Chuck – thanks for your reply. I would classify my feelings as a matter of trust (or lack thereof), rather than anger. I have always been one to trust my fellow man – and I still do by nature. I would prefer to take you at your word, but my experience with Rick Dryer and others like him whose stated goal is to help other people and, oh by the way, stand to profit from said help, has made me, shall we say, a little skeptical. My story with Rick is different than most, I was down on my luck when I met him. His offer to me was a way out of my mess – I worked for him for a year, in one of the many “sister” companies to Mile High Capital that he formed in order to pull of the illusion. He was a very demanding employer – he insisted on the best of his people and he rewarded those who delivered. He did not tolerate incompetence. I trusted him and saw him to be a visionary, and a true leader. His promise did not seem too good to be true (in concept, anyway) – it was based on common sense investing principals – leverage and real estage (who could have predicted the severity of the current mess?). I questioned his business plan as many of us who worked for him did (though Rick acted quickly and severely to snuff out any challenge or critique). However, I still believed that his heart was in the right place and that he was going to do whatever it took to deliver on his promises. I did not understand how deep his lies went until the picture was painted for me by others who were more in the know. I was not alone – there were many fine, honest, and capable people who were likewise fooled (and used) by Rick in order to pull this scam off.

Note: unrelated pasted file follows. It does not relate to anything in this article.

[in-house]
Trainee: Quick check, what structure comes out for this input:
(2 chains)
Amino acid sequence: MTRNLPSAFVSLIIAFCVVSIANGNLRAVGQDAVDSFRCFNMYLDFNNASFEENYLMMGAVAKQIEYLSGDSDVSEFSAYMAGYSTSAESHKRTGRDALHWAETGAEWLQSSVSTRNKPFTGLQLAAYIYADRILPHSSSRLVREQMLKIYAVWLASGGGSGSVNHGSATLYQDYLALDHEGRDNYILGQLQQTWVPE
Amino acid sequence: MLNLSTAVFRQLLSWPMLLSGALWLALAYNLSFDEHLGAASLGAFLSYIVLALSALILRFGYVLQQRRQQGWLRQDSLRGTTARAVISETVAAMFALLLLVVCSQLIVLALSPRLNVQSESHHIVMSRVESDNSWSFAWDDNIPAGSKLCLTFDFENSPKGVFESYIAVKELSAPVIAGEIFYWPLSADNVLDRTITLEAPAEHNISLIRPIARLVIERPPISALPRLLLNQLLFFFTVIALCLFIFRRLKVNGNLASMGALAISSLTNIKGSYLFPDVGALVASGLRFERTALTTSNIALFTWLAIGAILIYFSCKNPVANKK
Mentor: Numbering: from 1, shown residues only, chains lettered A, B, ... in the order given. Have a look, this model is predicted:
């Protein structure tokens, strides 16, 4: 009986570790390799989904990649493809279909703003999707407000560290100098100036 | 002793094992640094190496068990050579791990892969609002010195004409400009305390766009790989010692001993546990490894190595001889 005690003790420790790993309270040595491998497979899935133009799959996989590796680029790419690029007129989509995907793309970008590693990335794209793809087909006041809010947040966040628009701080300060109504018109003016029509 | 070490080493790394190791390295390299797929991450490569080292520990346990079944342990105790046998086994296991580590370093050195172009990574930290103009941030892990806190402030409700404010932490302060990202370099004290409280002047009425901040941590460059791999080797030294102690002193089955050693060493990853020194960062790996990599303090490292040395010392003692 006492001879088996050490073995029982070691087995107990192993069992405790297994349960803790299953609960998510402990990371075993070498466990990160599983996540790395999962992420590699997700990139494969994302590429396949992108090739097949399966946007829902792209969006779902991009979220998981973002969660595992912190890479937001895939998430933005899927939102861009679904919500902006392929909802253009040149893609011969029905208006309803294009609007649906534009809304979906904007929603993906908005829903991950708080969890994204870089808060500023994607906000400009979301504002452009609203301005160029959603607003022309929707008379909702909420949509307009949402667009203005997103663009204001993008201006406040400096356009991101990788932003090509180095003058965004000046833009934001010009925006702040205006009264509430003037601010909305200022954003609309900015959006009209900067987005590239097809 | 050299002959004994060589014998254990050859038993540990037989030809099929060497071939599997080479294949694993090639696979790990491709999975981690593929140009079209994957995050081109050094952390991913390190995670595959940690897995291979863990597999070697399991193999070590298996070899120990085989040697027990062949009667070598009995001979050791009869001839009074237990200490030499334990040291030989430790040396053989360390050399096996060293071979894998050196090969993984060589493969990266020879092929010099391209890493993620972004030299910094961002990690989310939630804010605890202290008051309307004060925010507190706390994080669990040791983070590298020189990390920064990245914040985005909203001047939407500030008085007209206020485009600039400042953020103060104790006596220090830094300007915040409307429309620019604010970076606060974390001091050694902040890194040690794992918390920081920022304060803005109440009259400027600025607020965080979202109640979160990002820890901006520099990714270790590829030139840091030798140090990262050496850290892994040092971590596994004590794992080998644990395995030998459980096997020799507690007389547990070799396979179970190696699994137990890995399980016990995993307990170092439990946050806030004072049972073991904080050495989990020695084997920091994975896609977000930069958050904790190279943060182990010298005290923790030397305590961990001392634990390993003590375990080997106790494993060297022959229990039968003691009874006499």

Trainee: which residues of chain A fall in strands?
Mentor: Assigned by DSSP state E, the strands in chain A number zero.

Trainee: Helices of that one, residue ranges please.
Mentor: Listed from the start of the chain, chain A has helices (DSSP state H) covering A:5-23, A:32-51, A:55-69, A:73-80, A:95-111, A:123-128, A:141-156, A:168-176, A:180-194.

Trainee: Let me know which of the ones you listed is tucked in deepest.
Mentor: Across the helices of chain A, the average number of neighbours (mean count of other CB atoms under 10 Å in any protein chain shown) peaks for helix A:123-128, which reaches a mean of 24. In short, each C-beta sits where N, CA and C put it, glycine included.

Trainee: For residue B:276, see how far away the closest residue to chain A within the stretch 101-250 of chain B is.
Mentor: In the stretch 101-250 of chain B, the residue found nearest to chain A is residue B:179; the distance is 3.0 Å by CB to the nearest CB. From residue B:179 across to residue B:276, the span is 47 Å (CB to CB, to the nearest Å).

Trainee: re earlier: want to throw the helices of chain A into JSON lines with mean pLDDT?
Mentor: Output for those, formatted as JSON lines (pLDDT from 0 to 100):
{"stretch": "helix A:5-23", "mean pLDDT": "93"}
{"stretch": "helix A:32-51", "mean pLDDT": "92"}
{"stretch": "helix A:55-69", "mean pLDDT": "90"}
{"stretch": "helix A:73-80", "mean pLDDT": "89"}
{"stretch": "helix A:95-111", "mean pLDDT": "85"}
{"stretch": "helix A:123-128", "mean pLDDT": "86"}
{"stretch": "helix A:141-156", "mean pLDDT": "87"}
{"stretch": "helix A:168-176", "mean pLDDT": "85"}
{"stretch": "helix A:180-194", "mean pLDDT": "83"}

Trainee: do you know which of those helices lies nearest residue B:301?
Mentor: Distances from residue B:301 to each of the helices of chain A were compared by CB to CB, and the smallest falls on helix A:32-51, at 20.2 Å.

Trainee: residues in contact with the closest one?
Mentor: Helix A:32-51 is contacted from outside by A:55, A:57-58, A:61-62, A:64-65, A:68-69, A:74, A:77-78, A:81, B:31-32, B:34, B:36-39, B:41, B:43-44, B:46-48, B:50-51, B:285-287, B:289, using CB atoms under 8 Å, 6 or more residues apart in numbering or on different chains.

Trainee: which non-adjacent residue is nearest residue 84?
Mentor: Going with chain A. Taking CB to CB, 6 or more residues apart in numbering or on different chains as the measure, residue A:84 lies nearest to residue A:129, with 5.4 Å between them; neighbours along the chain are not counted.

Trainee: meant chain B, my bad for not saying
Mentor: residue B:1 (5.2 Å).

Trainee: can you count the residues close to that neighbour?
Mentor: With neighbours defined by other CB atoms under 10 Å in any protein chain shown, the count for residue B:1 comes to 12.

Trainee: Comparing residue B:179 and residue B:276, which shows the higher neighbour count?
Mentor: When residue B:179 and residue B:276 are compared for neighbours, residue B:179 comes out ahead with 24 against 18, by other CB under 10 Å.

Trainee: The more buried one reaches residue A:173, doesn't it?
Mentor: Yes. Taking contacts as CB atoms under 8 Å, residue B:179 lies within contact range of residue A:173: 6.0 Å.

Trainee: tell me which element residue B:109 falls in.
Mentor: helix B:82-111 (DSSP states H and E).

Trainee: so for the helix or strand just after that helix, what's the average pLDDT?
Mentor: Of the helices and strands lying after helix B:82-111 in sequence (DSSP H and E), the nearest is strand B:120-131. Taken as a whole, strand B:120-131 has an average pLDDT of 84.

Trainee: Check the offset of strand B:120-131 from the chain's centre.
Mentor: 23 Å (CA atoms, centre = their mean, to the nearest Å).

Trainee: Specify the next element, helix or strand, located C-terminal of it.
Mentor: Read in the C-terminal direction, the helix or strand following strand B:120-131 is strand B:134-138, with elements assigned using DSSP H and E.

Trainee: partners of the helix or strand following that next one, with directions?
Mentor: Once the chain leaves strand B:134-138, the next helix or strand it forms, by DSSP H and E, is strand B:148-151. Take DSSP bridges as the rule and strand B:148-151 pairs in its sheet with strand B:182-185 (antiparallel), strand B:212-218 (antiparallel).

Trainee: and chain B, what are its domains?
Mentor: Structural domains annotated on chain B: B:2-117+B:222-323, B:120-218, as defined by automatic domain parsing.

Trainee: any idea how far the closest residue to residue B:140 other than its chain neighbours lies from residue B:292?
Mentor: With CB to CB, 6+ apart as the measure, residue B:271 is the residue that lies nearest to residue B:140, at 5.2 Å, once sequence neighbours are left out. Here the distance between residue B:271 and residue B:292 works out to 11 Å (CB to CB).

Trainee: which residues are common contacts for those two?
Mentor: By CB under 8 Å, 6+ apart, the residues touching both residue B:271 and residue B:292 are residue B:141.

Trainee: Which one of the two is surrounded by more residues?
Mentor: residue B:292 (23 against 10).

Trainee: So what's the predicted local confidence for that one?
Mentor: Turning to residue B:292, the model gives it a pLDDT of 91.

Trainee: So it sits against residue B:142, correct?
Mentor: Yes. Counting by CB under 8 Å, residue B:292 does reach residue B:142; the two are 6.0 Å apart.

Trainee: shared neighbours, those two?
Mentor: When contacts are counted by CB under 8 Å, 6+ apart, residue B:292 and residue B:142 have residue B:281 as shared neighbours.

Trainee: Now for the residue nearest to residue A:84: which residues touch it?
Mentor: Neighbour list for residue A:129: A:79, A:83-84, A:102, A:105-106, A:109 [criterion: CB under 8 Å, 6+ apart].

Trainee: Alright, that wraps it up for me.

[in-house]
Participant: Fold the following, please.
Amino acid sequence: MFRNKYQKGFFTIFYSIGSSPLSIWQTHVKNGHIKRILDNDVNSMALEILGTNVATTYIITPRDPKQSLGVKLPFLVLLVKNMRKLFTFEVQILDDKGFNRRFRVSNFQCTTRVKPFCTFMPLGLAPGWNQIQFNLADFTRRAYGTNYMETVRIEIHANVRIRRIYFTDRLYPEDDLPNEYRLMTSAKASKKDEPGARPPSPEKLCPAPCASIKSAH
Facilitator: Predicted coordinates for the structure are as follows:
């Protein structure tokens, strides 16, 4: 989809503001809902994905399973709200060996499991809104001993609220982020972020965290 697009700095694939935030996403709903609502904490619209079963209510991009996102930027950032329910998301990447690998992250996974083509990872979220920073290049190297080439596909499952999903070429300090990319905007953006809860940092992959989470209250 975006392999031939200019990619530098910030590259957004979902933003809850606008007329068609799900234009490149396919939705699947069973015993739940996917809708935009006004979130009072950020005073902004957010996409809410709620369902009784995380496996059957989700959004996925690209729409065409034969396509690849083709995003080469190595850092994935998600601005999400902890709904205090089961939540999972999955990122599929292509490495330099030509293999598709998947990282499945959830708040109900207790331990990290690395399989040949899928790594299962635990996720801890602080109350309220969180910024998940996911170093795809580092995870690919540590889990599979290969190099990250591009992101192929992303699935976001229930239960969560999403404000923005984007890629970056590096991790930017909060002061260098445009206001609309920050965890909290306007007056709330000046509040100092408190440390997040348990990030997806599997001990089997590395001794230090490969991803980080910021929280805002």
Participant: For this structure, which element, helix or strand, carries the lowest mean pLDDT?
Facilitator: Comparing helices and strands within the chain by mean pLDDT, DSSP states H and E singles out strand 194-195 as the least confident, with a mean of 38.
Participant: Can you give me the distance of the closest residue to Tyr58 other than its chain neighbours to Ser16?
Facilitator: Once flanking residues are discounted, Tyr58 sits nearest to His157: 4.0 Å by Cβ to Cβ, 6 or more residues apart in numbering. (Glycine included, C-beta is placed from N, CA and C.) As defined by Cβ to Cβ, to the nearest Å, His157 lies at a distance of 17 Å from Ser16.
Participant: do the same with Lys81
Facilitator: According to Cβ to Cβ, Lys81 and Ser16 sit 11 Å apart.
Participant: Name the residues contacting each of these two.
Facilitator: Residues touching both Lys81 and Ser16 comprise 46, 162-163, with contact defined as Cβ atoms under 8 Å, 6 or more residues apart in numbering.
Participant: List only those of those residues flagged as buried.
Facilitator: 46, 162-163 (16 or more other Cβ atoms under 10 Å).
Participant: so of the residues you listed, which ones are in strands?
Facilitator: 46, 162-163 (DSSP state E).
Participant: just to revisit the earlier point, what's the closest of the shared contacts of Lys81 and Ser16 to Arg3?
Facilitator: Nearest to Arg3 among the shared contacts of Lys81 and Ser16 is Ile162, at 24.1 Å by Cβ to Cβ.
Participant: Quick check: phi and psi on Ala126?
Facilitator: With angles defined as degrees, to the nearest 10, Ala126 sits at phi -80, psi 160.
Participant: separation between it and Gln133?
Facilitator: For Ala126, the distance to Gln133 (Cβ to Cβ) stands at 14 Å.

I feel for the people who lost so much because of him. Had these people been more thorough in their research (most did none) before writing their checks, they would not have invested.